Announced in December, it "covers the spectrum of security standards," Trintech said. But Mr. McGuire said the road to banks' re-intermediation on the Internet is through end-to-end SET protocols on networks they control, and therefore Trintech built a migration path into Payware NetPOS.
Facing the reality that SSL is ubiquitous and SET, despite its greater security assurances and credit card bankers' best intentions, is not, the Trintech package fully accommodates SSL. "It's available today" and can operate at high speed, "so adopt it," Mr. McGuire said.
Then would come an incremental Step Two, where the consumer-to-merchant communication remains SSL but the bank-merchant link is SET, adding a more desirable level of data encryption and related forms of security.
Third on what Mr. McGuire calls his "four-step plan to competitive advantage" is "certless SET"-the end-to-end security ideal except for the fact that the cardholder does not have a digital certificate from a third- party issuer. This is the equivalent of a regular credit card payment without a customer signature; as in full SET, the cardholder account number is hidden from the merchant and the cardholder is assured that the merchant is genuine.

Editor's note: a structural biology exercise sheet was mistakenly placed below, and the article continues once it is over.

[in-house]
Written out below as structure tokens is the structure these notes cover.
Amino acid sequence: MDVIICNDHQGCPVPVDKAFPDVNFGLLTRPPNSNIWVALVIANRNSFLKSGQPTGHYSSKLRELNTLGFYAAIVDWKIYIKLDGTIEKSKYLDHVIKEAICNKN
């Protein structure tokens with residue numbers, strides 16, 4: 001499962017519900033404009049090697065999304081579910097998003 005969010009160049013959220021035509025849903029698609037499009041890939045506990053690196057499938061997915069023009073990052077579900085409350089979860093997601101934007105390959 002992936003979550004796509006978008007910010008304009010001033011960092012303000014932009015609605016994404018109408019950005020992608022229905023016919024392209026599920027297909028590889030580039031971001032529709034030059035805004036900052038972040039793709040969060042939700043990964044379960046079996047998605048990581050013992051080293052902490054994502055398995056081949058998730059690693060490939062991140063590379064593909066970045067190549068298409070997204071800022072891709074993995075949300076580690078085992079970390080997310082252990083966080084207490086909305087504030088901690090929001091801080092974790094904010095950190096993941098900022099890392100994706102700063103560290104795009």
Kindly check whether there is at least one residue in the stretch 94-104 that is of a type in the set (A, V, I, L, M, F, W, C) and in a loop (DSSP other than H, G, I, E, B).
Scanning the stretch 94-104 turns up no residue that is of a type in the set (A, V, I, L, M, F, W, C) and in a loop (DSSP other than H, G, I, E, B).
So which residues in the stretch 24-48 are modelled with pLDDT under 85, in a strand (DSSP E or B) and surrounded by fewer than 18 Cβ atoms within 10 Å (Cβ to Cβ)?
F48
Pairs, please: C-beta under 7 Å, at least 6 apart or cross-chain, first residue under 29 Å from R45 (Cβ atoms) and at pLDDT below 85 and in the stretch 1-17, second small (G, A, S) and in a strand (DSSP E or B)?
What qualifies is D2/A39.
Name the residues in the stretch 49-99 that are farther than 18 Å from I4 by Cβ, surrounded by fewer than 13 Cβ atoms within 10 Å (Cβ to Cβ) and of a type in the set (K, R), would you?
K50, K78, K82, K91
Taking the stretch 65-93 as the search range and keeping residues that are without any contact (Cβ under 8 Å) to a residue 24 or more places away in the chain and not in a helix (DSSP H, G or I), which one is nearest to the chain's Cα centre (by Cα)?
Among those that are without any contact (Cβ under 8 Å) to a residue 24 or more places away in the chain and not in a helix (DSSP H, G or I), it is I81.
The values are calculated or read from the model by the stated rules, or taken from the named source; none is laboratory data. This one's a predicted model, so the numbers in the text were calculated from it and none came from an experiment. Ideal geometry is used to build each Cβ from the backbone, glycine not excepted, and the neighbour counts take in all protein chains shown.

The final step is end-to-end SET including a full-fledged certificate in the customer's wallet software.
"We say safety belts in cars are good and should be used, air bags are better, but we wouldn't retrofit air bags on older cars," Mr. McGuire said. "In the same way, we say use SSL today, it is ubiquitous and available, and over time migrate."
The stepped approach, he contended, can get banks "back into the payment cycle" at a time when hard-driving technology companies "are doing their land grab," whether it is Microsoft with its smart card operating system or Internet portals like Excite and America Online promoting electronic commerce with digital wallets of their own.
"Banks' pace hasn't kept up," Mr. McGuire said, but they can still reassert themselves on the notion that "without payment, commerce is not commerce."